California Families Project (CFP)
What is the California Families Project (CFP)?
  • In 2006, UC Davis, in collaboration with the Sacramento and Woodland Unified School Districts, embarked on a major study of 674 Mexican origin fifth-grade children and their parents living in Sacramento and Woodland, California.
  • The purpose of the study is to examine family, school, community, and individual characteristics that promote the child’s academic and social competence and reduce emotional and behavioral problems during childhood and adolescence.
  • The study also examines the impact of economic disadvantage in families and neighborhoods by examining processes both within and outside of the family that promote positive youth development in the face of hardship.
  • The research investigates unique cultural beliefs, values, and traditions in the Mexican-American community that affect a child’s development, and how these traditions might promote academic and social competence and reduce risk for drug use and other mental health problems.
  • The study includes families with a diverse range of incomes, education levels, and family structures, including two-parent and single-parent families.
  • The study has been funded by the federal government through 2023, allowing us to follow the CFP youth as they transition into young adult roles, such as entering the workforce and becoming a parent.
  • Finally, the project has recently expanded its focus to include the health and well-being of the CFP Moms and Dads; this aspect of the project will examine how the CFP parents maintain their cognitive functioning and mental health as they grow older.
Why is this project important?
  • The CFP is the first comprehensive, long-term longitudinal study of Mexican-origin children and their families.
  • We focus on Mexican-origin children because Latinos (two-thirds of whom are of Mexican origin) are the largest and fastest growing ethnic minority group in the United States.
  • Like many Mexican-origin children, the CFP youth face socioeconomic challenges including poverty (40%), unemployment (20%), and low educational attainment (avg. parent education = 9th grade).
  • Consequently, the CFP youth are at high risk for school dropout, emotional and behavioral problems, and long-term problems involving low-wage employment.
  • However, many Mexican-origin youth escape these risks, and the primary goal of the CFP is to identify the factors that promote success in this population.
  • New information about successful development among Mexican-origin youth will be used to design more effective community and school-based programs to promote the well-being of Mexican origin families and children.
Who funds this project?
  • National Institute on Alcohol Abuse and Alcoholism (NIAAA)
  • National Institute on Drug Abuse (NIDA)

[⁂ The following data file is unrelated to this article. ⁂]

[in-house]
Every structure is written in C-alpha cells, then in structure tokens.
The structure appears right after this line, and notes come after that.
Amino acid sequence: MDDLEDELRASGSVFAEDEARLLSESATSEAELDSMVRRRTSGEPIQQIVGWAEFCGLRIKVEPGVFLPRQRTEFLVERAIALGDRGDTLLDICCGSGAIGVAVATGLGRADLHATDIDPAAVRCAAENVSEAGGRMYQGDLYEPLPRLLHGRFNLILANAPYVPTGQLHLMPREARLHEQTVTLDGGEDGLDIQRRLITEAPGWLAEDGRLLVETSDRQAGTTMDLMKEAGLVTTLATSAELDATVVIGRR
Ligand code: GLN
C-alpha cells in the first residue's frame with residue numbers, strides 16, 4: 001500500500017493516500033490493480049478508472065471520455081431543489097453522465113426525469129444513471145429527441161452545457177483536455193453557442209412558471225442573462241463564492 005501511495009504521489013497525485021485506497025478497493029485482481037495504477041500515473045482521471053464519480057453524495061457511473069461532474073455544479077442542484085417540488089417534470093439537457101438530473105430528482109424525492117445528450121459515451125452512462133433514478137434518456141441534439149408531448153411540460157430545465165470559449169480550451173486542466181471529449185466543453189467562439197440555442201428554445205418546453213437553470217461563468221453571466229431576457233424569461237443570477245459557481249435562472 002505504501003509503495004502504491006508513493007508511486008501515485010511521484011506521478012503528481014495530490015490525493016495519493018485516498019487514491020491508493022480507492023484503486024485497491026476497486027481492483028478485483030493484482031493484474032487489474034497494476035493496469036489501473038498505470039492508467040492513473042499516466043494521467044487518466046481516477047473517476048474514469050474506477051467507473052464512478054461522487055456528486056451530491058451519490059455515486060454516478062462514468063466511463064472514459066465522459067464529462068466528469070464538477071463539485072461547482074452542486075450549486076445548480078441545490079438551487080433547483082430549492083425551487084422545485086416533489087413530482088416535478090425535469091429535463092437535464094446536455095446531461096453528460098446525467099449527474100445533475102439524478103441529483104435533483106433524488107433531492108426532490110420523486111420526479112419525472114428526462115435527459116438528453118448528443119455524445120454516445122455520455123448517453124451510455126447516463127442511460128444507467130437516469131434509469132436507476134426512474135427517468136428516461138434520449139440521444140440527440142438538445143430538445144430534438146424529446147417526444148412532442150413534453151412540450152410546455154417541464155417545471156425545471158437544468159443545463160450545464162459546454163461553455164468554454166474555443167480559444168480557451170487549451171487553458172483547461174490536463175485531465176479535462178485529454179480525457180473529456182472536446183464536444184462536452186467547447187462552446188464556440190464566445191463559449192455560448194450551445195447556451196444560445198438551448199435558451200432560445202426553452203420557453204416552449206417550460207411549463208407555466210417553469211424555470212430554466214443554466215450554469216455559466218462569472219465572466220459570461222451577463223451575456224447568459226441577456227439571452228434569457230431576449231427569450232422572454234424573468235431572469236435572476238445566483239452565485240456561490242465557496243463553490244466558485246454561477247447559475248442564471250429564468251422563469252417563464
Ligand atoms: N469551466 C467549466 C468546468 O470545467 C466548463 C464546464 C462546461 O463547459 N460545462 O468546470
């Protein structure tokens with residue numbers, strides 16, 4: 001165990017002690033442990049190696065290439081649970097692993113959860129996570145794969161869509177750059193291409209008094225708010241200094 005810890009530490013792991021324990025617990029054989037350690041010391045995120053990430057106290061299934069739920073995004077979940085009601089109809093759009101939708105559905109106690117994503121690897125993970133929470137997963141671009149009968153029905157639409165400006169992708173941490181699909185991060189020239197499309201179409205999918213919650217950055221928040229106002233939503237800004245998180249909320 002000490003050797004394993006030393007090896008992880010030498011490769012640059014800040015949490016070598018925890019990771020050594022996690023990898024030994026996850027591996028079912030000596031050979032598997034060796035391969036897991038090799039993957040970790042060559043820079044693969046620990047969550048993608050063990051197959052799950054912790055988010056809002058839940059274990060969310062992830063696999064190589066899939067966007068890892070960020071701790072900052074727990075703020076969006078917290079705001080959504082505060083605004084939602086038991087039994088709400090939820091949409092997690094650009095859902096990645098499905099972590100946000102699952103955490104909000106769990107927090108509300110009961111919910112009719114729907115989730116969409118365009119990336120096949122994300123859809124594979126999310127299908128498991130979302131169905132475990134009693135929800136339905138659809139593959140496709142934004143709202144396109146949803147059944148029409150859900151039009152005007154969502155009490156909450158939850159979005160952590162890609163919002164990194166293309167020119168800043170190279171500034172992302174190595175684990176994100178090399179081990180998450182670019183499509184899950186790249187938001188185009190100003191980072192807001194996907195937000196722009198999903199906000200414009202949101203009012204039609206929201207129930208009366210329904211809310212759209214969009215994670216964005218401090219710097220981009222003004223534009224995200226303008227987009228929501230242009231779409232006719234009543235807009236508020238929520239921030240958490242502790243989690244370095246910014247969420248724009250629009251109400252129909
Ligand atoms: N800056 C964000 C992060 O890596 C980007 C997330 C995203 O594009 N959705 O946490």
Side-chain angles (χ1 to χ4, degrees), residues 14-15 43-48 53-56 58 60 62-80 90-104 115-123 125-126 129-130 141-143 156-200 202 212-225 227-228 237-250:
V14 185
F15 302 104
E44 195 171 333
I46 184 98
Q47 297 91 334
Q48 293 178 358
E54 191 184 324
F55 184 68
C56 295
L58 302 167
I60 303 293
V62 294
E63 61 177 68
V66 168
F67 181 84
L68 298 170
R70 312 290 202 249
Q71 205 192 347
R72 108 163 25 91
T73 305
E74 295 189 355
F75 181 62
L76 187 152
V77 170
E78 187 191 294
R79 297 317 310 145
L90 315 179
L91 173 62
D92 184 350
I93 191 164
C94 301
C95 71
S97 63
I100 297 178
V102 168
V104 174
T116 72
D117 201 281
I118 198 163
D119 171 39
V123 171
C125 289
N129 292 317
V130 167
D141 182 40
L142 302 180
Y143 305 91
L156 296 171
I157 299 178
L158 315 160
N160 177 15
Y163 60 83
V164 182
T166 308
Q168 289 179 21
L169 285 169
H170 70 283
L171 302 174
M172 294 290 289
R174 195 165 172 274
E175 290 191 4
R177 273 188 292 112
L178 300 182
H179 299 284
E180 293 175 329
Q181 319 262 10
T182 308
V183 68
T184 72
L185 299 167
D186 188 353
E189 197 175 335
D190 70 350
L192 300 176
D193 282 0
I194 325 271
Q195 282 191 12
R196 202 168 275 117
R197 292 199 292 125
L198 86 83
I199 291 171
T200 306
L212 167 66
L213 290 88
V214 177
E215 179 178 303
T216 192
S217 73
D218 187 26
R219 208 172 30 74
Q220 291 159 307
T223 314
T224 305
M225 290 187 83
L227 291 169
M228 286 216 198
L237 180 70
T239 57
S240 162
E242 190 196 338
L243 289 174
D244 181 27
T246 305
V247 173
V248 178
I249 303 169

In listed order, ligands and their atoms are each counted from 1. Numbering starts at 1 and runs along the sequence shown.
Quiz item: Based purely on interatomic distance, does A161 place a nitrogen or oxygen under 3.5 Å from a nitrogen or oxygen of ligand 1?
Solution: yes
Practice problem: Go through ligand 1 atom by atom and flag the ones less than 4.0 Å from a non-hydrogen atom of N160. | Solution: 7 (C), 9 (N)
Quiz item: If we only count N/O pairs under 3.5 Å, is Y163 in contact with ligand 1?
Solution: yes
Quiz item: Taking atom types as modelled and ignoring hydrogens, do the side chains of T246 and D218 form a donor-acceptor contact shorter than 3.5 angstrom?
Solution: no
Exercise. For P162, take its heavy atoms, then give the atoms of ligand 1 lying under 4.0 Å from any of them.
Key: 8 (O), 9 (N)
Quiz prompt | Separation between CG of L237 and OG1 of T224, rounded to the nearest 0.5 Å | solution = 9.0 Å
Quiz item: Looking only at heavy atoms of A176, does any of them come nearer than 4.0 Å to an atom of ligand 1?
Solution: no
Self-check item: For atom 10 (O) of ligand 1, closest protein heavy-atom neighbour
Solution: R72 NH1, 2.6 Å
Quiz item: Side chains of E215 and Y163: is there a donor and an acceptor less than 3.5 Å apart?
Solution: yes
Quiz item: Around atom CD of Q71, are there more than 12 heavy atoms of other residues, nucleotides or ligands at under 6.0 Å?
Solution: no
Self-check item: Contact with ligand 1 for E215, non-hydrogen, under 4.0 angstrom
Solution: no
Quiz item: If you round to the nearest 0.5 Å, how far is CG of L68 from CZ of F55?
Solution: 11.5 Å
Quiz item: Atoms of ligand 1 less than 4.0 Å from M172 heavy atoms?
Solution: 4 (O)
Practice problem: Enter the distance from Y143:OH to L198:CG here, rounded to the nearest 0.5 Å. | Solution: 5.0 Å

• National Institute of Mental Health (NIMH)
  • National Institute of Child Health and Human Development (NICHD)
  • National Institute on Aging (NIA)
  • William T. Grant Foundation
  • UC Davis
Key Personnel
  • Project Director: Dr. Richard W. Robins
  • CFP Parent Grants (NIDA/NIAAA)
    • Richard W. Robins (PI), Dr. Rand D. Conger (PI), Dr. Emilio Ferrer (Co-I)
  • Neurobiological Bases of Depression in Mexican-Origin Youth (NIMH)
    • Amanda Guyer (PI), Dr. Paul Hastings (PI), Dr. Richard W. Robins (Co-I), Dr. Rand D. Conger (Co-I), Dr. Emilio Ferrer (Co-I)
  • Individual, Family, and Cultural Factors Associated with Obesity (NICHD)
    • Angelina Sutin (PI), Dr. Richard W. Robins (Co-I), Dr. Emilio Ferrer (Co-I)
  • Development of Self-Regulation in Mexican-origin Children (NICHD)
    • Leah Hibel (PI), Dr. Richard W. Robins (Co-I), Dr. Daniel Choe (Co-I), Dr. Wiebke Bleidorn (Co-I), Dr. Rand D. Conger (Co-I)
  • Psychosocial Risk Factors for Cognitive Decline in Mexican-origin Adults (NIA)
    • Richard W. Robins (PI), Dr. Angelina Sutin (PI), Emilio Ferrer (Co-I)
Project Collaborators

Dr. Alazne Aizpitarte, Dr. Brian Armenta, Dr. Mayra Y. Bamaca-Colbert, Dr. Veronica Benet-Martinez, Dr. Wiebke Bleidorn, Dr. Joanne Chung, Dr. David Clark, Dr. Rick Cruz, Dr. Rodica Damian, Dr. Brent Donnellan , Dr. Maciel Hernandez, Dr. Monica Martin, Dr. April Maserik, Dr. Ulrich Orth, Dr. Eva Pomerantz; Dr. Brent Roberts, Dr. Johnna Schwartz, Dr. Gabriela Stein, Dr. Zoe E. Taylor, Dr. Eunike Wetzel

For a list of California Families Project publications, please click here.

Berkeley Longitudinal Study (BLS)

The Berkeley Longitudinal Study (BLS) is a 23-year longitudinal study of 508 undergraduate students who entered the University of California at Berkeley in 1992. The BLS focuses on various aspects of the college experience (e.g., academic achievement, interests, goals, and motives), with an emphasis on factors that contribute to the development of personality and self-esteem. Participants were assessed six times while attending college: during their first week on campus, at the end of the first semester, and then at the end of Years 1, 2, 3, and 4. The sample was subsequently assessed for a seventh time approximately 20 years later (around 2015), when the participants were about 41 years old (N = 248). The 20-year follow-up includes a wider range of variables, including measures of work and family experiences and outcomes. Most of the data are self-report, but there are a number of variables (e.g., SAT scores, high school GPA, cumulative college GPA, attrition) obtained from university records as well as peer ratings of behavior and performance in a group interaction task. The NEO-FFI, a measure of the Big Five personality domains, was administered at the very beginning of college, at the end of the fourth year of college, and again in the 20-year follow-up.